29.3 Decision Trees . . . . . . . . . . . . . . . . . . . . . . . . . . . . . 500
29.3.1 Data Mining and Decision Trees . . . . . . . . . . . . . . 500
29.3.2 Constructing Decision Trees . . . . . . . . . . . . . . . . . 502
29.4 Neural Networks . . . . . . . . . . . . . . . . . . . . . . . . . . . 507
29.4.1 The Backprop Algorithm . . . . . . . . . . . . . . . . . . 508

9
Copyright c 2010 Nils J. Nilsson
http://ai.stanford.edu/∼nilsson/
All rights reserved. Please do not reproduce or cite this version. September 13, 2009.
Print version published by Cambridge University Press.
http://www.cambridge.org/us/0521122937


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CONTENTS
29.4.2 NETtalk . . . . . . . . . . . . . . . . . . . . . . . . . . . . 509
29.4.3 ALVINN . . . . . . . . . . . . . . . . . . . . . . . . . . . . 510
29.5 Unsupervised Learning . . . . . . . . . . . . . . . . . . . . . . . . 513
29.6 Reinforcement Learning . . . . . . . . . . . . . . . . . . . . . . . 515
29.6.1 Learning Optimal Policies . . . . . . . . . . . . . . . . . . 515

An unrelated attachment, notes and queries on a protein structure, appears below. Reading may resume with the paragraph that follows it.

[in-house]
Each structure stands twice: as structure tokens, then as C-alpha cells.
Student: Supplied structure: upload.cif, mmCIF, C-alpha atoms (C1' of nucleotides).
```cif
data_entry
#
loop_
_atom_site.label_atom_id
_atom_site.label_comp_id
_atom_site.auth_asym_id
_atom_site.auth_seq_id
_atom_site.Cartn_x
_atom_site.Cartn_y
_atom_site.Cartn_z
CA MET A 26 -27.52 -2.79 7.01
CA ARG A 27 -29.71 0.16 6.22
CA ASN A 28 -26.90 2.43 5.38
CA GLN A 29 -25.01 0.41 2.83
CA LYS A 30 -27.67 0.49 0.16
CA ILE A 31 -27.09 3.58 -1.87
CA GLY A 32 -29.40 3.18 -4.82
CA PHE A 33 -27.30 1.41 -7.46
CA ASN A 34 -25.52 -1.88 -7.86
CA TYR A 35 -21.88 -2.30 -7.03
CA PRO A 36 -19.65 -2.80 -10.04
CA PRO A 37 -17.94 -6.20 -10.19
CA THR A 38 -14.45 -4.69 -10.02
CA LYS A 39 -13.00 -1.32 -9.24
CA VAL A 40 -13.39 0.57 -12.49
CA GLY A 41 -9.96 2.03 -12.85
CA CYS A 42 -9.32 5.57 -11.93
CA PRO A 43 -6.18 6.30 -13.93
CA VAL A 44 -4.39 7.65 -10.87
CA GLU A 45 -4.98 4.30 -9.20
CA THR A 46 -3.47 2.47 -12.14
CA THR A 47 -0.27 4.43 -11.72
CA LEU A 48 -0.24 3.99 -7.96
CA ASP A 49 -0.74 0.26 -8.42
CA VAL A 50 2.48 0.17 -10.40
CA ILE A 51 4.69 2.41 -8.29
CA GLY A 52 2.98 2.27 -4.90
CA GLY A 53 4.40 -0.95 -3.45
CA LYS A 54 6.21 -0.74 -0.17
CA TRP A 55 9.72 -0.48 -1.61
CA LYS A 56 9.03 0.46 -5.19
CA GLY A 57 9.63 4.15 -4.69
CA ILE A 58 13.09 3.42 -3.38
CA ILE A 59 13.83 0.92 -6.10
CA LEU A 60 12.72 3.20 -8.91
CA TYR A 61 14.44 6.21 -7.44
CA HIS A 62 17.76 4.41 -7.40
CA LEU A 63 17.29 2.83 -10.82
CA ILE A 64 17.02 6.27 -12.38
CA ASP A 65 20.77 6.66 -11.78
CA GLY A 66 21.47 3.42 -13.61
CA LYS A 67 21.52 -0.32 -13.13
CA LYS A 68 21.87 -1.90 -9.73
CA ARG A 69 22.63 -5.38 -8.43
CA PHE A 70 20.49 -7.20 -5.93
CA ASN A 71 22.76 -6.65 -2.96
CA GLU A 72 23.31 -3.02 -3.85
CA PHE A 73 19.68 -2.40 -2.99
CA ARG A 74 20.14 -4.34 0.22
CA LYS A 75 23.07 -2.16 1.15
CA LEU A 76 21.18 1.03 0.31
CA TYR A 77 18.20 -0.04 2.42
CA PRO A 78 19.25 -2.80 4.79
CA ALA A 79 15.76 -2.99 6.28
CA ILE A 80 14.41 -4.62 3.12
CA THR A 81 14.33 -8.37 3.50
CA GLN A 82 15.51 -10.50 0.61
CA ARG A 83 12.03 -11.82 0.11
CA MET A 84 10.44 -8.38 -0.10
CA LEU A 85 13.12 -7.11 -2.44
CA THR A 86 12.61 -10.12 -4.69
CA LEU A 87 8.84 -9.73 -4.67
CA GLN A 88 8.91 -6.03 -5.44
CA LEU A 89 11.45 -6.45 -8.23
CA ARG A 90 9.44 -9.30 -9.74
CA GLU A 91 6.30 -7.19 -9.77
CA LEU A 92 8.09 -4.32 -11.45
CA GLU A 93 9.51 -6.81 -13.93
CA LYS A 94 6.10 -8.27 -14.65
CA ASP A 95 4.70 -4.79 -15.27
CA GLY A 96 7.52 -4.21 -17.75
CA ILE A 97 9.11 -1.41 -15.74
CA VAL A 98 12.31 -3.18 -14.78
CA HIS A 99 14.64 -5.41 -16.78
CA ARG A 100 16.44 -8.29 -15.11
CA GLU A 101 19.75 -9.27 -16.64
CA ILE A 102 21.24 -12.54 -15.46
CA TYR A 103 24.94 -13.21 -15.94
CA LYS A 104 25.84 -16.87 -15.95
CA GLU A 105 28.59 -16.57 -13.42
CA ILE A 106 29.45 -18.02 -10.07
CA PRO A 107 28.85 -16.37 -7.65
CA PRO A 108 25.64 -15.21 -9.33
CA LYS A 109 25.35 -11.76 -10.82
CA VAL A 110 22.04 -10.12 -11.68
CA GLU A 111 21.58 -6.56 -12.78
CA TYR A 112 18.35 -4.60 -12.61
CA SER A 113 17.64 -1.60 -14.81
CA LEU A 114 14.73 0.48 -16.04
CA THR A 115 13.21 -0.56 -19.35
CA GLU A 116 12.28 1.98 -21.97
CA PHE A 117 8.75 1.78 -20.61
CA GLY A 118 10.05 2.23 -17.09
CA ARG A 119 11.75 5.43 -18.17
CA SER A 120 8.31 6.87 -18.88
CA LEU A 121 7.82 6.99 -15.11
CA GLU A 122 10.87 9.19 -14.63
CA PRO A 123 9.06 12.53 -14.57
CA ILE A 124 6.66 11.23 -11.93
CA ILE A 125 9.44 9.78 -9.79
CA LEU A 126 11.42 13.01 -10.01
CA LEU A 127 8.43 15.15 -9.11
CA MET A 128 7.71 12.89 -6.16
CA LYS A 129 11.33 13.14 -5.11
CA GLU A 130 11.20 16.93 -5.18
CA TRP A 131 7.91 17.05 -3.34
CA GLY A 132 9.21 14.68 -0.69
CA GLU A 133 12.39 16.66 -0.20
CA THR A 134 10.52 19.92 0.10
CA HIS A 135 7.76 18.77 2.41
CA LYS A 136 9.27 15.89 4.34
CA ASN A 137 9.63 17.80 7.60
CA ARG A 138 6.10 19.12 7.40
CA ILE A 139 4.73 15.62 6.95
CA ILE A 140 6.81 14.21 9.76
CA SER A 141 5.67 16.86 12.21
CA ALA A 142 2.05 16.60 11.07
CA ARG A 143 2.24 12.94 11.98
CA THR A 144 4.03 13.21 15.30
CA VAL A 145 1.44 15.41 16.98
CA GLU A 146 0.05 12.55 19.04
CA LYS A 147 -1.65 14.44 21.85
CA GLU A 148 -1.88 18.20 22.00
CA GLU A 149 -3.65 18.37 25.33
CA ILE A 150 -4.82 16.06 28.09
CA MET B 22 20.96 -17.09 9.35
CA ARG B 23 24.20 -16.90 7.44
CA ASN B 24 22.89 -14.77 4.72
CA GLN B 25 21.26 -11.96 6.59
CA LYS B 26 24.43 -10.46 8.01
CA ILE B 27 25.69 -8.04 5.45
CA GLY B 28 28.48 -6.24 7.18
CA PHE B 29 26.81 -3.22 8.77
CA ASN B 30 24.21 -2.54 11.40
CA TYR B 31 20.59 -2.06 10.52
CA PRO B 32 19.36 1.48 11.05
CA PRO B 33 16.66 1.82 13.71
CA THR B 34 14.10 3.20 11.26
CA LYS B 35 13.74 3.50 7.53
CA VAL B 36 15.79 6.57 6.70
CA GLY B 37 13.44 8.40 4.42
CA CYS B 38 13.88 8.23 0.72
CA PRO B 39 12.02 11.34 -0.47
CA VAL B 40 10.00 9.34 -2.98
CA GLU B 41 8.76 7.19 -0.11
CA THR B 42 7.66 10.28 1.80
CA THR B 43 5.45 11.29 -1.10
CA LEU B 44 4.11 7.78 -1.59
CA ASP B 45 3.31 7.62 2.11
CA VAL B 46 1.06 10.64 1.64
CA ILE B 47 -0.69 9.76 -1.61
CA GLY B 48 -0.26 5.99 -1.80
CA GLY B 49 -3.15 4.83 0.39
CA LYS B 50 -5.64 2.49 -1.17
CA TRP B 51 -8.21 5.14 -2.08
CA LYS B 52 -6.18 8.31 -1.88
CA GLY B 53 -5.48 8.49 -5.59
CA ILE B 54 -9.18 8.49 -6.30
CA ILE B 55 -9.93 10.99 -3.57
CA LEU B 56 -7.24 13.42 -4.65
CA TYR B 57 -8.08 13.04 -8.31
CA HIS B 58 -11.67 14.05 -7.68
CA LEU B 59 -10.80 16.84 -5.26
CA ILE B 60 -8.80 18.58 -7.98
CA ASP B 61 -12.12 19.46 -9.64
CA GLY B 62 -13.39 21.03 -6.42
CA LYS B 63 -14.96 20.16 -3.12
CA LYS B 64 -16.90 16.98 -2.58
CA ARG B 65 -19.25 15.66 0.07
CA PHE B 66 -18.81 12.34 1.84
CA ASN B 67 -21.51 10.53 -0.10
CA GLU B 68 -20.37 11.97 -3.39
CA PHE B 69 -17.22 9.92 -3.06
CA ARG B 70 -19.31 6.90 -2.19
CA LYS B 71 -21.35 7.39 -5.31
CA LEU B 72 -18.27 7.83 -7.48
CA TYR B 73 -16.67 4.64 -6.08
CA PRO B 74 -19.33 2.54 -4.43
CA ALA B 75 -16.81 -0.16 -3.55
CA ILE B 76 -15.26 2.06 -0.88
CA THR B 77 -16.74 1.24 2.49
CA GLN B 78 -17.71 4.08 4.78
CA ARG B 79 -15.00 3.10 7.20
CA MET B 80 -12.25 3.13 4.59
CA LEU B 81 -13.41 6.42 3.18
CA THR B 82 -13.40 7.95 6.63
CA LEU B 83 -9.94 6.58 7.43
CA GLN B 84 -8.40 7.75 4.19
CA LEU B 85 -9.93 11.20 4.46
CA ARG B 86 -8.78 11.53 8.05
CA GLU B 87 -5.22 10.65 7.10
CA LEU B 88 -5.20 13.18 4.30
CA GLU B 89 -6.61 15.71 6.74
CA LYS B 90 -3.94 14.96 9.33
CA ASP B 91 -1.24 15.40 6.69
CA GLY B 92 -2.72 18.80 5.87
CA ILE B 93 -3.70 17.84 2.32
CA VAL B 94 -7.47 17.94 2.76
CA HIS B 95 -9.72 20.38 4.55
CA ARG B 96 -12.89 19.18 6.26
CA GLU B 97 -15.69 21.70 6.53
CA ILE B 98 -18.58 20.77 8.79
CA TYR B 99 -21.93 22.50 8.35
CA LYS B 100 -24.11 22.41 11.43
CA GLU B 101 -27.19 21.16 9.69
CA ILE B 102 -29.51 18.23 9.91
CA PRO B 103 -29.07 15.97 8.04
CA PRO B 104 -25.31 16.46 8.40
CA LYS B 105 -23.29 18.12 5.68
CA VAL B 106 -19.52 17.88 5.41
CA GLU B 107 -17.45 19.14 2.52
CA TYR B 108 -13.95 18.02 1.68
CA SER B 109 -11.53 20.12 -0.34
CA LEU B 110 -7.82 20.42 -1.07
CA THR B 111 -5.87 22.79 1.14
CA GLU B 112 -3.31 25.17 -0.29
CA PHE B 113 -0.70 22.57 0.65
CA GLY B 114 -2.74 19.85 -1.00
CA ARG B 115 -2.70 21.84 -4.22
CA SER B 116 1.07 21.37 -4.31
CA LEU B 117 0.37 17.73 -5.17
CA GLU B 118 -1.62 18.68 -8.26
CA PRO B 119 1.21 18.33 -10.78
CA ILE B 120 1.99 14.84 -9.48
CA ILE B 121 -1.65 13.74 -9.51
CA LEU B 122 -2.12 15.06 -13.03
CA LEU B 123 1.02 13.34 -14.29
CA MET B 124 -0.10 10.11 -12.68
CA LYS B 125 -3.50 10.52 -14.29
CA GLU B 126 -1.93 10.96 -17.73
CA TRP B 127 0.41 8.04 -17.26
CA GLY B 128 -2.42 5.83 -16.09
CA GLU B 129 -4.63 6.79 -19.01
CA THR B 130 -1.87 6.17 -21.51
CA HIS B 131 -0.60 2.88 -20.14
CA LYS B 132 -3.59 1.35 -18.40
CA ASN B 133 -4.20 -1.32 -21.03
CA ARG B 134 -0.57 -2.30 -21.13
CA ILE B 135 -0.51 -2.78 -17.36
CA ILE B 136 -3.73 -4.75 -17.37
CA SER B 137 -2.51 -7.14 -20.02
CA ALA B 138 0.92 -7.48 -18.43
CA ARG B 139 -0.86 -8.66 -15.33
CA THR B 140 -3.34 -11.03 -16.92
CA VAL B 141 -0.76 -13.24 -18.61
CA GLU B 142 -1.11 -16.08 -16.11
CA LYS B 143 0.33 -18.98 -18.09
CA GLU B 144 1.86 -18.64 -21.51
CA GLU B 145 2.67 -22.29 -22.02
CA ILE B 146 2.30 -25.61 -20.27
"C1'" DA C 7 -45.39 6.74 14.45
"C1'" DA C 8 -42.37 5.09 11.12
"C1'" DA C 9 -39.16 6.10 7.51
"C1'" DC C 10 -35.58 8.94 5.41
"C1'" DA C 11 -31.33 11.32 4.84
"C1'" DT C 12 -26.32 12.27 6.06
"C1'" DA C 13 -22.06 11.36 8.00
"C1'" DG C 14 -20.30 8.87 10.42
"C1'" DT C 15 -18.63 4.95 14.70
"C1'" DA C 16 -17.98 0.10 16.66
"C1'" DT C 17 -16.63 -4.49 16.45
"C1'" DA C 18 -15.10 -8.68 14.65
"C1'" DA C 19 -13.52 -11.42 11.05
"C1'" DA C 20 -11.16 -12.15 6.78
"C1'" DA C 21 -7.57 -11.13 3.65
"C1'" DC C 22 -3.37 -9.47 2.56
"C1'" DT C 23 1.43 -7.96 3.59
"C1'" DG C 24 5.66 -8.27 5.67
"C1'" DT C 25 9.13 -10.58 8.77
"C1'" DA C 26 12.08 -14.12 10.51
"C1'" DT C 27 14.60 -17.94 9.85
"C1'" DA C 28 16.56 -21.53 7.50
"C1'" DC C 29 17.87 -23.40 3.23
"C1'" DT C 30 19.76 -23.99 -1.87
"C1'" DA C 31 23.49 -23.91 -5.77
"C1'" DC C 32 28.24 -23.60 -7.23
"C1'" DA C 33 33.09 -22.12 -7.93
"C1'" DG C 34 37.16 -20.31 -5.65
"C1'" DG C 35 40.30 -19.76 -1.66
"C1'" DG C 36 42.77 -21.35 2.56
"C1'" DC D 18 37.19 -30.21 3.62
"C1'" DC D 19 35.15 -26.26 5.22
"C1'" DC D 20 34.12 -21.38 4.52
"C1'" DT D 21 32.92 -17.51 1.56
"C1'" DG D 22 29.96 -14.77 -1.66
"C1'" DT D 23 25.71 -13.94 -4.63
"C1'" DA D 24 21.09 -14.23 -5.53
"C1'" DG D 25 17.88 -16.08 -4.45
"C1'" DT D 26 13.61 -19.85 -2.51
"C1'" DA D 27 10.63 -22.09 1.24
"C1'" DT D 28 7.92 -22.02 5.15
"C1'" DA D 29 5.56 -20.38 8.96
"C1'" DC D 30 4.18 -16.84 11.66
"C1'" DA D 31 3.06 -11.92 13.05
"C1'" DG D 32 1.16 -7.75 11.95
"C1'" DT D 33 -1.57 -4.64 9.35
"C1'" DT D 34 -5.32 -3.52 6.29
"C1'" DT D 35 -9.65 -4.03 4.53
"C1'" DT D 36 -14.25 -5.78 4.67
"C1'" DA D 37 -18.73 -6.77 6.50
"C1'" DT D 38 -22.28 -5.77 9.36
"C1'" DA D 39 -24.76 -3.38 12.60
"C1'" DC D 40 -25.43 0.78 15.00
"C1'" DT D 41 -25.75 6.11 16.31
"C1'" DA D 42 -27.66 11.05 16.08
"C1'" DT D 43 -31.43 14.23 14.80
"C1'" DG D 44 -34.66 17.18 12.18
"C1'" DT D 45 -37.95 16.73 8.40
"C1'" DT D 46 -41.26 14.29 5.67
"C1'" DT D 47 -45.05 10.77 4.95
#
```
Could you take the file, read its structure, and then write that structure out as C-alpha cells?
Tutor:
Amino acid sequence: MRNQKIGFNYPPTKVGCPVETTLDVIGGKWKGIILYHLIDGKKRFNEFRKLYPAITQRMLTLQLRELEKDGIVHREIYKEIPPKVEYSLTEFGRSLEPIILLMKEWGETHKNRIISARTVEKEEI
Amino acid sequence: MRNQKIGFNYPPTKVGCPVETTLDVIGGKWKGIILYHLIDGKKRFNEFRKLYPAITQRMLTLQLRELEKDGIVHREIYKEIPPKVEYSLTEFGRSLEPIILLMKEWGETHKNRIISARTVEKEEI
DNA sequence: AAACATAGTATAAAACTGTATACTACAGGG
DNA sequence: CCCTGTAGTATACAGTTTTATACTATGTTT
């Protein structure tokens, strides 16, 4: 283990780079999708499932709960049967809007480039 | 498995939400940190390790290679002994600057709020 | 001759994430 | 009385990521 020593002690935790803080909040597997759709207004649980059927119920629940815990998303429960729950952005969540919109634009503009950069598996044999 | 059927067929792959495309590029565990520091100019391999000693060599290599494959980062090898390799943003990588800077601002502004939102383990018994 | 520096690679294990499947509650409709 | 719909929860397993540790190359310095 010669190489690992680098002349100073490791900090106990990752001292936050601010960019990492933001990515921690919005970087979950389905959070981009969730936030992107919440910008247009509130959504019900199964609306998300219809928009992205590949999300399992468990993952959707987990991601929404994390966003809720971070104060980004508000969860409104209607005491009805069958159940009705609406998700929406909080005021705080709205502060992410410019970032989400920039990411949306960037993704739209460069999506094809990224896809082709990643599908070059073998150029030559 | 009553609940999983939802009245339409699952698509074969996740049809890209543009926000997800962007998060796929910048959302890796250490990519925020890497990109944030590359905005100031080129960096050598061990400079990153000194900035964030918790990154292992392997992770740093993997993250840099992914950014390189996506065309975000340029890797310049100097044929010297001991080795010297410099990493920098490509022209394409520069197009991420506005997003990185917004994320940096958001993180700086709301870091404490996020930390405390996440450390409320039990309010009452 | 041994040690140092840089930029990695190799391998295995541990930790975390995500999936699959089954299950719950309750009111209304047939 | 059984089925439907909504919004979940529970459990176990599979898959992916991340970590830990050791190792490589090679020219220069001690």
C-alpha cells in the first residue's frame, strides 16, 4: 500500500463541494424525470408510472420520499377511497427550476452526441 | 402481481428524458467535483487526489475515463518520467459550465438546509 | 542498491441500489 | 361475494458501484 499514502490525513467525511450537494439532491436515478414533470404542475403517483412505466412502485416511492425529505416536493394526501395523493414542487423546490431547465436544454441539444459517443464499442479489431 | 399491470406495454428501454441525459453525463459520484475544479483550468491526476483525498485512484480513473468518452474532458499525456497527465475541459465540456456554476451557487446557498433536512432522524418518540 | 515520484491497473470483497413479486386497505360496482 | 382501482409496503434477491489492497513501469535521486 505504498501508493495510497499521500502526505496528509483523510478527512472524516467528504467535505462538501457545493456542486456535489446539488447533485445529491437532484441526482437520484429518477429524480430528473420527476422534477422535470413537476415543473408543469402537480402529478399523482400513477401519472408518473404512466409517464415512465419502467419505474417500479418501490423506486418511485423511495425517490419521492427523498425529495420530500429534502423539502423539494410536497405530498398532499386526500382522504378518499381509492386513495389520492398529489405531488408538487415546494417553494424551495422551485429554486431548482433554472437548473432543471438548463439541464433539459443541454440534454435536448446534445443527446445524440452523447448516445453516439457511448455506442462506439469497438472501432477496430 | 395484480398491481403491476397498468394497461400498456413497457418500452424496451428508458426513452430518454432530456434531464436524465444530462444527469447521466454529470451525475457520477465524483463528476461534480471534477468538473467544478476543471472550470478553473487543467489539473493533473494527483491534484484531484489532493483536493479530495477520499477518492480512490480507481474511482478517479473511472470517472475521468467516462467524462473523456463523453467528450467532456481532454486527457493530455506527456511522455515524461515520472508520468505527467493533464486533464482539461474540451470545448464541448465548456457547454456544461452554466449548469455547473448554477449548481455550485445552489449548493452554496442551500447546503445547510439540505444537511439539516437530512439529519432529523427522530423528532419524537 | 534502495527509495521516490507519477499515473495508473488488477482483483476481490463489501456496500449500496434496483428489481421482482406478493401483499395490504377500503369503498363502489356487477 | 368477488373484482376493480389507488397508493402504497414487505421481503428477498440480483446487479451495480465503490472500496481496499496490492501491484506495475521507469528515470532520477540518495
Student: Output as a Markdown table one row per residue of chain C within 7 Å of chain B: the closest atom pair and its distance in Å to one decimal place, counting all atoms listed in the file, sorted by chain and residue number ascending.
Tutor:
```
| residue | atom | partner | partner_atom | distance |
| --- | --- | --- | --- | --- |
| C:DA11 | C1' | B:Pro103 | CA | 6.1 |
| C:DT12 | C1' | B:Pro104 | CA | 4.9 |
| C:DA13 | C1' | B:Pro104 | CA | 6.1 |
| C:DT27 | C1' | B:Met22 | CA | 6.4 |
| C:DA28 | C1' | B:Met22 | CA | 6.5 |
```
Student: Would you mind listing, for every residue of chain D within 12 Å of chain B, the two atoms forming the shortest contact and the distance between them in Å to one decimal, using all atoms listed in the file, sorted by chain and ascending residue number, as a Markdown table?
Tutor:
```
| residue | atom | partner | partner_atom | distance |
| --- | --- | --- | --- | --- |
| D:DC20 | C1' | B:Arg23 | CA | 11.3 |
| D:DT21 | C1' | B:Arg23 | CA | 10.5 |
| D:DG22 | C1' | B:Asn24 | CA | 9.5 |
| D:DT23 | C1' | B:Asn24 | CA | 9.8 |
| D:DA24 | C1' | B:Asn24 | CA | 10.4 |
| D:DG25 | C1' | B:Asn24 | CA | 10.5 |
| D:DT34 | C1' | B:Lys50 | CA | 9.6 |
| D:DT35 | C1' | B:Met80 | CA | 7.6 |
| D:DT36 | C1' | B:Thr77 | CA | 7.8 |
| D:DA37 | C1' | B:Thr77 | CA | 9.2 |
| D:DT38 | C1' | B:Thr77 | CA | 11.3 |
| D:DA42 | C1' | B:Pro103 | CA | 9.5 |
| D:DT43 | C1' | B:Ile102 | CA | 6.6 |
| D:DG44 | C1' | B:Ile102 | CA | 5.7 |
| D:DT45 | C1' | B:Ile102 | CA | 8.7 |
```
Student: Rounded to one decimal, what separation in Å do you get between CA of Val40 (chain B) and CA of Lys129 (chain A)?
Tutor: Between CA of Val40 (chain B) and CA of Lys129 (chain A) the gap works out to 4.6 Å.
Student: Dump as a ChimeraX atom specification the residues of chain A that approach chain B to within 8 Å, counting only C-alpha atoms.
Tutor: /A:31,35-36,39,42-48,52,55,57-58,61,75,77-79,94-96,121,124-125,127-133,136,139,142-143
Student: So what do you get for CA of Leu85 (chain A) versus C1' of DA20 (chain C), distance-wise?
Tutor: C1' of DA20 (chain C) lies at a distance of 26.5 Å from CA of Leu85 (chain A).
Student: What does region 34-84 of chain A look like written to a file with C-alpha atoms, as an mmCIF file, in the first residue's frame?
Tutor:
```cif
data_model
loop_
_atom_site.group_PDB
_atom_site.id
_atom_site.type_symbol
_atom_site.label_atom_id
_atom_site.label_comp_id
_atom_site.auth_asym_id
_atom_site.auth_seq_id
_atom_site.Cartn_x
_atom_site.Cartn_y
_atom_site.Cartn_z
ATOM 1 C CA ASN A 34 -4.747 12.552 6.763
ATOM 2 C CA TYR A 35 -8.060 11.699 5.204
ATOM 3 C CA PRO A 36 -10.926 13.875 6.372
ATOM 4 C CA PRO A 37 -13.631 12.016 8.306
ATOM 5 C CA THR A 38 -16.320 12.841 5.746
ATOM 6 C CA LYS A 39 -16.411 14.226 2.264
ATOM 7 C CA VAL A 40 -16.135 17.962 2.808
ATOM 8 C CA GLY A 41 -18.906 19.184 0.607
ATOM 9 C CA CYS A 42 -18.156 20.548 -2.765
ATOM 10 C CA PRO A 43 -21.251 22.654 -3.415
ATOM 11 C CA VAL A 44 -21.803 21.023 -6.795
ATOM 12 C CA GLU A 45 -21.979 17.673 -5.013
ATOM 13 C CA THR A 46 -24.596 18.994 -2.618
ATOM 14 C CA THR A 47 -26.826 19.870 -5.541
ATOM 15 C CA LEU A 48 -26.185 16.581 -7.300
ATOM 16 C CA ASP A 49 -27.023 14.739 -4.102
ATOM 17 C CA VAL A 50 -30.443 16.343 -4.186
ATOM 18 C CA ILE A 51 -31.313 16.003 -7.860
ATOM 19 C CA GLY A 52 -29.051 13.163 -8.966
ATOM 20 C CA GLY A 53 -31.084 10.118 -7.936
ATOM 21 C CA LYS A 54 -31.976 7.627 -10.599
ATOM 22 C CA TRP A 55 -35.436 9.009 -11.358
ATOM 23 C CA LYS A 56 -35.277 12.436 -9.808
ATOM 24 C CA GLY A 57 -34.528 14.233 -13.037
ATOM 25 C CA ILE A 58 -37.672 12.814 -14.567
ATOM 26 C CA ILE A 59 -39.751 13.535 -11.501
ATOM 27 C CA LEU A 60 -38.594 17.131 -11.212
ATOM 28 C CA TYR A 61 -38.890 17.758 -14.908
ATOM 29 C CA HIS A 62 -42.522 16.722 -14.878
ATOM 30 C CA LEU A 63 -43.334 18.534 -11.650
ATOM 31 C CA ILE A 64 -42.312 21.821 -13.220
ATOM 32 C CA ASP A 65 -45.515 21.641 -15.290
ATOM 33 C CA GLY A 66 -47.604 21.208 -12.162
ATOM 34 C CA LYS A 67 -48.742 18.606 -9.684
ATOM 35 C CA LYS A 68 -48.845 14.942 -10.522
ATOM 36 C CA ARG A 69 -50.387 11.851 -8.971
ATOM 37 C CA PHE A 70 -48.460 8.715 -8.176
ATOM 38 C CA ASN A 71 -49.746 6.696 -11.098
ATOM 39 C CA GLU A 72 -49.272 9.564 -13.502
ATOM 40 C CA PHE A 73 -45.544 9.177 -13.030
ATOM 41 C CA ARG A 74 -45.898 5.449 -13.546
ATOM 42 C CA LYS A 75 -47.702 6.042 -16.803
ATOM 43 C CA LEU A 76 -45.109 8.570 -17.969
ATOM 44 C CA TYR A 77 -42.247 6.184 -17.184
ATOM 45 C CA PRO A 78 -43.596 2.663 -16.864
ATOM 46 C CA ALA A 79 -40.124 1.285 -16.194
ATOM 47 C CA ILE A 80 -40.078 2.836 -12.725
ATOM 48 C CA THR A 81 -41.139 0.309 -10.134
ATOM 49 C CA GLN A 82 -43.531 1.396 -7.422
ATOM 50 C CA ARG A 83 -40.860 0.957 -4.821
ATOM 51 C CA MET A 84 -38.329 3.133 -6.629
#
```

29.6.2 TD-GAMMON . . . . . . . . . . . . . . . . . . . . . . . . . 522
29.6.3 Other Applications . . . . . . . . . . . . . . . . . . . . . . 523
29.7 Enhancements

. . . . . . . . . . . . . . . . . . . . . . . . . . . . 524

30 Natural Languages and Natural Scenes

533

30.1 Natural Language Processing . . . . . . . . . . . . . . . . . . . . 533
30.1.1 Grammars and Parsing Algorithms . . . . . . . . . . . . . 534
30.1.2 Statistical NLP . . . . . . . . . . . . . . . . . . . . . . . . 535
30.2 Computer Vision . . . . . . . . . . . . . . . . . . . . . . . . . . . 539
30.2.1 Recovering Surface and Depth Information . . . . . . . . 541
30.2.2 Tracking Moving Objects . . . . . . . . . . . . . . . . . . 544
30.2.3 Hierarchical Models . . . . . . . . . . . . . . . . . . . . . 548
30.2.4 Image Grammars . . . . . . . . . . . . . . . . . . . . . . . 555